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First generation of farm robots are delivering game-changing results

Technology companies in Australia and Canada are rolling out autonomous technology which will be good news for the environment and farmers' pockets


Killer app:The weed-killing robot sprayer developed by Swarm
Technologies in Australia

Killer app:The weed-killing robot sprayer developed by Swarm Technologies in Australia

Killer app:The weed-killing robot sprayer developed by Swarm Technologies in Australia

The first fully autonomous farm equipment is becoming commercially available, which means machines will be able to completely take over a multitude of tasks. Tractors will drive with no farmer in the cab, and specialised equipment will be able to spray, plant, plough and weed cropland.

And it's all happening well before many analysts had predicted thanks to small start-ups in Canada and Australia.

While industry leaders Deere and CNH Industrial haven't said when they'll release similar offerings, Saskatchewan's Dot Technology has already sold some so-called power platforms for fully mechanised spring planting.

In Australia, SwarmFarm Robotics is leasing weed-killing robots that can also do tasks like mow and spread. The companies say their machines are smaller and smarter than the gigantic machinery they aim to replace.

Sam Bradford, a farm manager at Arcturus Downs in Australia's Queensland state, was an early adopter as part of a pilot programme for SwarmFarm last year. He used four robots, each about the size of a lorry, to kill weeds.

In previous years, Mr Bradford had used a 36m wide, 14.5-tonne spraying machine that "looks like a massive praying mantis." It would blanket the field in chemicals, he said.

But the robots were more precise. They distinguished the dull brown colour of the farm's paddock from green foliage, and targeted chemicals directly at the weeds. It's a task the farm does two to three times a year over 20,000 acres. With the robots, Mr Bradford said he can save 80pc of his chemical costs.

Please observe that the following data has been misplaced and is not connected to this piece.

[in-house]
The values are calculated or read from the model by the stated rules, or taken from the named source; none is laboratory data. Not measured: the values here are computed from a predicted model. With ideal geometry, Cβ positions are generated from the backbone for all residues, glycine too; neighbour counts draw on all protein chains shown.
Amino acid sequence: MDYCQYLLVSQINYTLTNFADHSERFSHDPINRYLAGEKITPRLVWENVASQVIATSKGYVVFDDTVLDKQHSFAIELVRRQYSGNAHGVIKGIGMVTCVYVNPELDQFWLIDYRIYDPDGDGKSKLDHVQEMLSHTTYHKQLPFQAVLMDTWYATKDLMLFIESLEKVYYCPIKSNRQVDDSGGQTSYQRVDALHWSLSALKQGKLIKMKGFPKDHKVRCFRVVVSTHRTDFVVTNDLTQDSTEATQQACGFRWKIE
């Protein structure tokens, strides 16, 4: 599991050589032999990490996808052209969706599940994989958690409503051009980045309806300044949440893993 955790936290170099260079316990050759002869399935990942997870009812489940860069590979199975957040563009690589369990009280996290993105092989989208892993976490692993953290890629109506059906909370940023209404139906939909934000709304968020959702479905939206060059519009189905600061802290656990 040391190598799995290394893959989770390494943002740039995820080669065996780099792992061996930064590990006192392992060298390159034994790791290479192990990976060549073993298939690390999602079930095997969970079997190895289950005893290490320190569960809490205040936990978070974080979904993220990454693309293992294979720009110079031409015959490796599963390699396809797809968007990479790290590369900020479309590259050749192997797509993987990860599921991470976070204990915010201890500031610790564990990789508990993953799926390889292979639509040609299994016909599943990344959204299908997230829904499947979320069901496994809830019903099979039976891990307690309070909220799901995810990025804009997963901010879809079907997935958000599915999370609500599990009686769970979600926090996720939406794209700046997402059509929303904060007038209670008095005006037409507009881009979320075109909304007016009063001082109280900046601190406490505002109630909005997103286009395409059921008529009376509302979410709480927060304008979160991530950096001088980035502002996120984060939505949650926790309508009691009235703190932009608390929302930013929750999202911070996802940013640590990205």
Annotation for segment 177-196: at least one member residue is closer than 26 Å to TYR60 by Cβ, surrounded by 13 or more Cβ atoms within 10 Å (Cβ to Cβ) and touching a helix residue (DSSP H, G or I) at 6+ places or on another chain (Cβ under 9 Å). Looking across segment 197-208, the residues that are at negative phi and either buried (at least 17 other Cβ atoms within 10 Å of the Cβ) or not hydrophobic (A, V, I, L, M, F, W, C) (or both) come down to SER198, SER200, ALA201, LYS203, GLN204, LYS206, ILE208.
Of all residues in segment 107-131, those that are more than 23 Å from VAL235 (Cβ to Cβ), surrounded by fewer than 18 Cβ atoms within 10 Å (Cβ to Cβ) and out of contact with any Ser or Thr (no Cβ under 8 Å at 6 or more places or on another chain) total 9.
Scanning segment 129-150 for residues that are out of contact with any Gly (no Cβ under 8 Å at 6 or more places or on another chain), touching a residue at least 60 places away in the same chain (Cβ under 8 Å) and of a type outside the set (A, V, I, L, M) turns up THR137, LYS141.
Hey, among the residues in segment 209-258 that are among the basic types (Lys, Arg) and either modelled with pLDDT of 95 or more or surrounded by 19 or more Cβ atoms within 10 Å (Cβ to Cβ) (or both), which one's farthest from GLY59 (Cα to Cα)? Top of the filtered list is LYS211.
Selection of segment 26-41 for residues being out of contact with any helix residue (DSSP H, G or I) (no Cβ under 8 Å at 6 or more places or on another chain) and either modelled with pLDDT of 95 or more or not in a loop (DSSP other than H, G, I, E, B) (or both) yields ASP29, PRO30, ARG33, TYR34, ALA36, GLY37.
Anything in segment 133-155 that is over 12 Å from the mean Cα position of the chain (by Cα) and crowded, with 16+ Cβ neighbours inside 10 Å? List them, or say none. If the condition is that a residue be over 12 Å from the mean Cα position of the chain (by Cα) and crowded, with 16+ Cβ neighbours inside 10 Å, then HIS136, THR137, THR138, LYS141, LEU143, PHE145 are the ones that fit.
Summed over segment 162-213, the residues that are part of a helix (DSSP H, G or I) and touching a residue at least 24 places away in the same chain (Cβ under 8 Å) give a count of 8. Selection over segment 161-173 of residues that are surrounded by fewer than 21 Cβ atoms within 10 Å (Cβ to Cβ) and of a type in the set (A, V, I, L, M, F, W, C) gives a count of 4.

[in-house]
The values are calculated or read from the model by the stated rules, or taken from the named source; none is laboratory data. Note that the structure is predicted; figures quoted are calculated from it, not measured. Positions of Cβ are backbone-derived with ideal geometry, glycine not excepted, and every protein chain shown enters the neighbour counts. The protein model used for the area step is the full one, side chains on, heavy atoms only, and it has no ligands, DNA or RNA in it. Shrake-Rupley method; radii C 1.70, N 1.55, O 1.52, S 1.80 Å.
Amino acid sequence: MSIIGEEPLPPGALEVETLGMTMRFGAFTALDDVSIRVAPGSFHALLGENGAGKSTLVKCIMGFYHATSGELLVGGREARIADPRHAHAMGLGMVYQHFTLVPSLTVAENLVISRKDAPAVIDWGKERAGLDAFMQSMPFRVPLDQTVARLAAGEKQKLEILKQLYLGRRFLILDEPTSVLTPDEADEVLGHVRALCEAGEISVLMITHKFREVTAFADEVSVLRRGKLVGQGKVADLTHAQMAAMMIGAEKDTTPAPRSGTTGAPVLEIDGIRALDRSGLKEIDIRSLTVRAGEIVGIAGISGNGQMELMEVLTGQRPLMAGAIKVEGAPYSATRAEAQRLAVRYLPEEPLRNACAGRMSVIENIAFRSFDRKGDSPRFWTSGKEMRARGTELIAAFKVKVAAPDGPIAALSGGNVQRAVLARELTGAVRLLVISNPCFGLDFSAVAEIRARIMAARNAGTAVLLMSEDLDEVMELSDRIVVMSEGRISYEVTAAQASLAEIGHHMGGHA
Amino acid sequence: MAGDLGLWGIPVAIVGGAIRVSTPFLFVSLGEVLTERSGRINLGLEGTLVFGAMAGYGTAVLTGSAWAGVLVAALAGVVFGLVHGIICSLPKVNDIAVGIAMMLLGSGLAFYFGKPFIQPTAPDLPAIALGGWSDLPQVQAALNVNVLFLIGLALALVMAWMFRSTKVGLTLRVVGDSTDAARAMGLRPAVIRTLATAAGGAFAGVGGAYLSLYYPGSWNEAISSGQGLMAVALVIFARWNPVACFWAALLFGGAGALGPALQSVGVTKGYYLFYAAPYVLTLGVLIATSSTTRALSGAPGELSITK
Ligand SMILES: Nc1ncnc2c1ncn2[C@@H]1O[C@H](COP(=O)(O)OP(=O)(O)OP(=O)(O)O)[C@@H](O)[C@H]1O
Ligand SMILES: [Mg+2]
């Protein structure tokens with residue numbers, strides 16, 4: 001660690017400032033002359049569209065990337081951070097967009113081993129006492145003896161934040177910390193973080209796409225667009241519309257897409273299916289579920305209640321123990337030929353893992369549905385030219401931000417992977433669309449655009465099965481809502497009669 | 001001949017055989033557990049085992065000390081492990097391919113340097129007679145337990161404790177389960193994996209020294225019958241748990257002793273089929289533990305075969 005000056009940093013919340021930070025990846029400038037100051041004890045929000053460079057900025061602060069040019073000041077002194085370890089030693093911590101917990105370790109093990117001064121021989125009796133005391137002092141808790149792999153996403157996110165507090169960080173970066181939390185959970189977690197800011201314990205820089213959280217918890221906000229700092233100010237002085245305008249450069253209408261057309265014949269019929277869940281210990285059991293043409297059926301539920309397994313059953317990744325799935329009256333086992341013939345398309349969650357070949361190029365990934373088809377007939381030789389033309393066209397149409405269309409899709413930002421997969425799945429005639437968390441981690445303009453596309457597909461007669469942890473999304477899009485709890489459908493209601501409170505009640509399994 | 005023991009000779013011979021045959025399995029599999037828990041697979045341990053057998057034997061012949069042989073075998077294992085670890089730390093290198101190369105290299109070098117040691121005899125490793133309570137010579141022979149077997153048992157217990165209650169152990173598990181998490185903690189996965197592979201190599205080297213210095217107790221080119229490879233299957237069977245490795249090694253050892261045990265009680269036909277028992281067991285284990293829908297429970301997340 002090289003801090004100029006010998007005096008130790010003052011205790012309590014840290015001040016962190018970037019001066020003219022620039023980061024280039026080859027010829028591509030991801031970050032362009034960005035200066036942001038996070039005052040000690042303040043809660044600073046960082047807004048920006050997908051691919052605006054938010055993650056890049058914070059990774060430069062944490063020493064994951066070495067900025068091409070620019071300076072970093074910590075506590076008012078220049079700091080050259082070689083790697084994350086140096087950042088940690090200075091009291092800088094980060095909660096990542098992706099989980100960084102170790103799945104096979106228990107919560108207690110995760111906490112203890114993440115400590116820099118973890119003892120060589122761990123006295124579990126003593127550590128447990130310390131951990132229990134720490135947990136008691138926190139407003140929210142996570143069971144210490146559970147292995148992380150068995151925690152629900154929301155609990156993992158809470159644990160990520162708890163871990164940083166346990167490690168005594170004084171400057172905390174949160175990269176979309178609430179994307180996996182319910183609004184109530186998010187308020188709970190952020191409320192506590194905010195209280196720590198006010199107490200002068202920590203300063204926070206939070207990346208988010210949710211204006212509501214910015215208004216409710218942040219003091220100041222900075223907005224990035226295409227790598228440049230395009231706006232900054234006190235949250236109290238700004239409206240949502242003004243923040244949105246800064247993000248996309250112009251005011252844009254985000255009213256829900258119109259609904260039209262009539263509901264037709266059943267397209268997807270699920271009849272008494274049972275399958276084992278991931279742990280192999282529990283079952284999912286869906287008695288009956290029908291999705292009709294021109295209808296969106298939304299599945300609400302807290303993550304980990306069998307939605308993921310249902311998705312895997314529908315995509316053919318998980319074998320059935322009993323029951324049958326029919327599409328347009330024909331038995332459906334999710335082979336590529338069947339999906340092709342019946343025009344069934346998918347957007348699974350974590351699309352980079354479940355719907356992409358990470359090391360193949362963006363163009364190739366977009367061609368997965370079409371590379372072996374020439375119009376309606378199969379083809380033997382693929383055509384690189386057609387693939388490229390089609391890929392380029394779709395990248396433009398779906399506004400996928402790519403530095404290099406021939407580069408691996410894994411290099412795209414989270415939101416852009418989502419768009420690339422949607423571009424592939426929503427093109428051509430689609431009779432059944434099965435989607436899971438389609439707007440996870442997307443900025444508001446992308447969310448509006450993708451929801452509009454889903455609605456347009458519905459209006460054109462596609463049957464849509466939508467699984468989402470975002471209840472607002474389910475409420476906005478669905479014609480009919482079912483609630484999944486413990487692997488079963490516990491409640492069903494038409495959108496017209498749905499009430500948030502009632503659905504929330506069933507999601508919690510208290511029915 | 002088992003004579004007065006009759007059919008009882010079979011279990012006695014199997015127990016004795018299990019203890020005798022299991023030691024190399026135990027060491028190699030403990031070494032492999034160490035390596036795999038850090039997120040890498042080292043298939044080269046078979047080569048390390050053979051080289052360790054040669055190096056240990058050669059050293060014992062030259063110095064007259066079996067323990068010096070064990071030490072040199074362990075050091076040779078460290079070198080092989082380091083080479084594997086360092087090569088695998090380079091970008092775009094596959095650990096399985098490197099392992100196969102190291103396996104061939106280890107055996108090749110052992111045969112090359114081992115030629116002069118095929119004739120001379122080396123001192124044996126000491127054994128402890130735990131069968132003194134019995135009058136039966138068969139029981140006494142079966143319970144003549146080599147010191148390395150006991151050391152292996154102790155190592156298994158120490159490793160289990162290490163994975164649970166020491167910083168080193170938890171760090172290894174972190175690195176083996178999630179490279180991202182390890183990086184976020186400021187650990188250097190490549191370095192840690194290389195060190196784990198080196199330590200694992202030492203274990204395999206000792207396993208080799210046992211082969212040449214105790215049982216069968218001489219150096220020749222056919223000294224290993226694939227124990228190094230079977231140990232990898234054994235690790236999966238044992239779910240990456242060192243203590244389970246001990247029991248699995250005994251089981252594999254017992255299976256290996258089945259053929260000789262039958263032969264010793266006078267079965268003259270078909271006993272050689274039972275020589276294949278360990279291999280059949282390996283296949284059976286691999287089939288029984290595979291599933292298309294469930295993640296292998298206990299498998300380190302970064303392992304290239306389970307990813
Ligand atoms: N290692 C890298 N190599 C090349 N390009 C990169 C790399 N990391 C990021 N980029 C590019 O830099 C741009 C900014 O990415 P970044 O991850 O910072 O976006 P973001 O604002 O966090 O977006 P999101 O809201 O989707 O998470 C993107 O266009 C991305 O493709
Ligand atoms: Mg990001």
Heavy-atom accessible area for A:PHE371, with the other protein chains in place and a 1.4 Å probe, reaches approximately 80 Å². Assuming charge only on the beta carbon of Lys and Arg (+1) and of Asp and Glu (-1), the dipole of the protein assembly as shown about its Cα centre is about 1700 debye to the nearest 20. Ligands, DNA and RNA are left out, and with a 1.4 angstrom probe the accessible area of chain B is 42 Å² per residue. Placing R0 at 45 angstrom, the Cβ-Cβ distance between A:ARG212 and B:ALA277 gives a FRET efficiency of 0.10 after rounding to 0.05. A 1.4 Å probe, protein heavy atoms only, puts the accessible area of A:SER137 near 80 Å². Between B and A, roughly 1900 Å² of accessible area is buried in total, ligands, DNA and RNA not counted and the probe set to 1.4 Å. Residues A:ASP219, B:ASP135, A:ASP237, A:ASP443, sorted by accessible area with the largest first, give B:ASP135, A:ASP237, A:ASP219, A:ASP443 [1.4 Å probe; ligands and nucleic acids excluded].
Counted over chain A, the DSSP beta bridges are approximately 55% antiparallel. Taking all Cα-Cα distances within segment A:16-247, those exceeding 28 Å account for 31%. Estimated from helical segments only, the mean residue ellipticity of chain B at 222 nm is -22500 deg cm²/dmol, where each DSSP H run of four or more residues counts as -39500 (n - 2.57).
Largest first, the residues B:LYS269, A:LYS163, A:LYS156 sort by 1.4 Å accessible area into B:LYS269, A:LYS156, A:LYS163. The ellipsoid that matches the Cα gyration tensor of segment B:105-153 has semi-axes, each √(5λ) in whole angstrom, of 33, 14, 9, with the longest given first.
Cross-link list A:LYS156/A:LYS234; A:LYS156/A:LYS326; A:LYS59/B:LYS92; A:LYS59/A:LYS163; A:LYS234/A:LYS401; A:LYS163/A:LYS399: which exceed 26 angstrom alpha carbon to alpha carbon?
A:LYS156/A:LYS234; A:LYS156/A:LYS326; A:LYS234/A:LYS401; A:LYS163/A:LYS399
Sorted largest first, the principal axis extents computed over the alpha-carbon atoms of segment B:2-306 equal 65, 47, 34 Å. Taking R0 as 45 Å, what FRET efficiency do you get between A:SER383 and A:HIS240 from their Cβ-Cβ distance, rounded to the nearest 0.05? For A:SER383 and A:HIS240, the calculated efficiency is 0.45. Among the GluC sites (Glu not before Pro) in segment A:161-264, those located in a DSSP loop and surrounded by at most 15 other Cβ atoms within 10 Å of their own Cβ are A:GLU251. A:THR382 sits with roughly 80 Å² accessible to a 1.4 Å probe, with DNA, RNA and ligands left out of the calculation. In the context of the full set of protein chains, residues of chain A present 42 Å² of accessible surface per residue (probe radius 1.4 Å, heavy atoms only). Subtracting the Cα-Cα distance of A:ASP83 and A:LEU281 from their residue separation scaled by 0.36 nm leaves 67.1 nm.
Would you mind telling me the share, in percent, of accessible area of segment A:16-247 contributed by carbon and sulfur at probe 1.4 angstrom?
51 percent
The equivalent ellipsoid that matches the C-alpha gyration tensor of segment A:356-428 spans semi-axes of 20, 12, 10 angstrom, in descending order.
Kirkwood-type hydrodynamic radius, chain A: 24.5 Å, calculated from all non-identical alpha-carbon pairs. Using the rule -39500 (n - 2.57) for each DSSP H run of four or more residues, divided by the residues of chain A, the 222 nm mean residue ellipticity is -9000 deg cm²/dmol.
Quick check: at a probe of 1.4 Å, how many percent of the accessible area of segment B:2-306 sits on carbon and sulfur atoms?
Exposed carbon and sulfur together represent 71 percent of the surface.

"The savings on chemicals is huge, but there's also savings for the environment from using less chemicals and you're also getting a better result in the end," said Mr Bradford, who has run the farm for 10 years. Surrounding rivers run out to the Great Barrier Reef off Australia's eastern cost, making the farm particularly sensitive over its use of chemicals, he said. Costs savings have become especially crucial as a multi-year retreat of prices depresses farm incomes and tightens margins. The Bloomberg Grains Spot Index is down more than 50pc since its peak in 2012. Meanwhile, advances in seed technology, fertilisers and other crop inputs has led to soaring yields and oversupply. Producers are eager to find any edge possible at a time when the US-China trade war is disrupting the usual flow of agriculture exports.

Farmers need to get to the next level of profitability and efficiency in farming, and "we've lost sight of that with engineering that doesn't match the agronomy," said SwarmFarm's chief executive Andrew Bate.

"Robots flip that on its head. What's driving adoption in agriculture is better farming systems and better ways to grow crops."

In Saskatchewan in Canada, the first commercially sold autonomous tractors made by Dot were arriving in fields this year.

The Dot units won't be completely on their own this year - farmers who bought equipment as part of a limited release are required to watch them at all times. But after this trial run, the producers may be able to let the equipment run on its own starting next year. That will open up a lot of time for the growers who will no longer need to sit behind the steering wheel.

Farmers are always managing multiple tasks, said Leah Olson-Friesen, CEO of Dot.

"When you look at the amount of intelligence that's sitting in the cab, they could be on the phone doing different things or outside of the cab - there's some real opportunities there."

But farmers do more than steer when they're in the cabs of their tractors, said Alex Purdy, head of John Deere Labs and director of precision agriculture technology. Deere hasn't yet released fully autonomous equipment because the technology that's out there still isn't good enough to replace people, he said.

Machinery that uses automation for tasks right now is more beneficial to farmers than autonomous equipment, Mr Purdy said.

Artificial intelligence, deep learning and advances in computer vision are going to transform agricultural machinery even further, he said. "Automation is a never-ending journey - there's always something that will get better over time, and there's so much opportunity that we're prioritising automation over autonomy," added Mr Purdy.

A modern tractor does thousands of tasks, and to provide a fully autonomous solution, a deep understanding of each of those tasks is needed to automate them, said Brett McClelland, product manager of autonomous vehicles at CNH Industrial.

One of the areas that are still evolving is the ability of machines to see. "Sensing and perception is one of the most challenging overarching themes," said Mr McClelland.

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While CNH Industrial in 2016 revealed a sleek, aggressive-looking prototype to much fanfare, the product is still in test pilots and not yet commercially available. For some tasks, current equipment is oversized, and smaller machines might be able to successfully scout a field, for instance. But they won't be able to prepare the ground for planting carrots, where machines rip up soil 40 inches deep, Mr McClelland said. "Farmers have a demand for productivity, and they'll take it in whatever way we can give it, and technology is the new way," he said.


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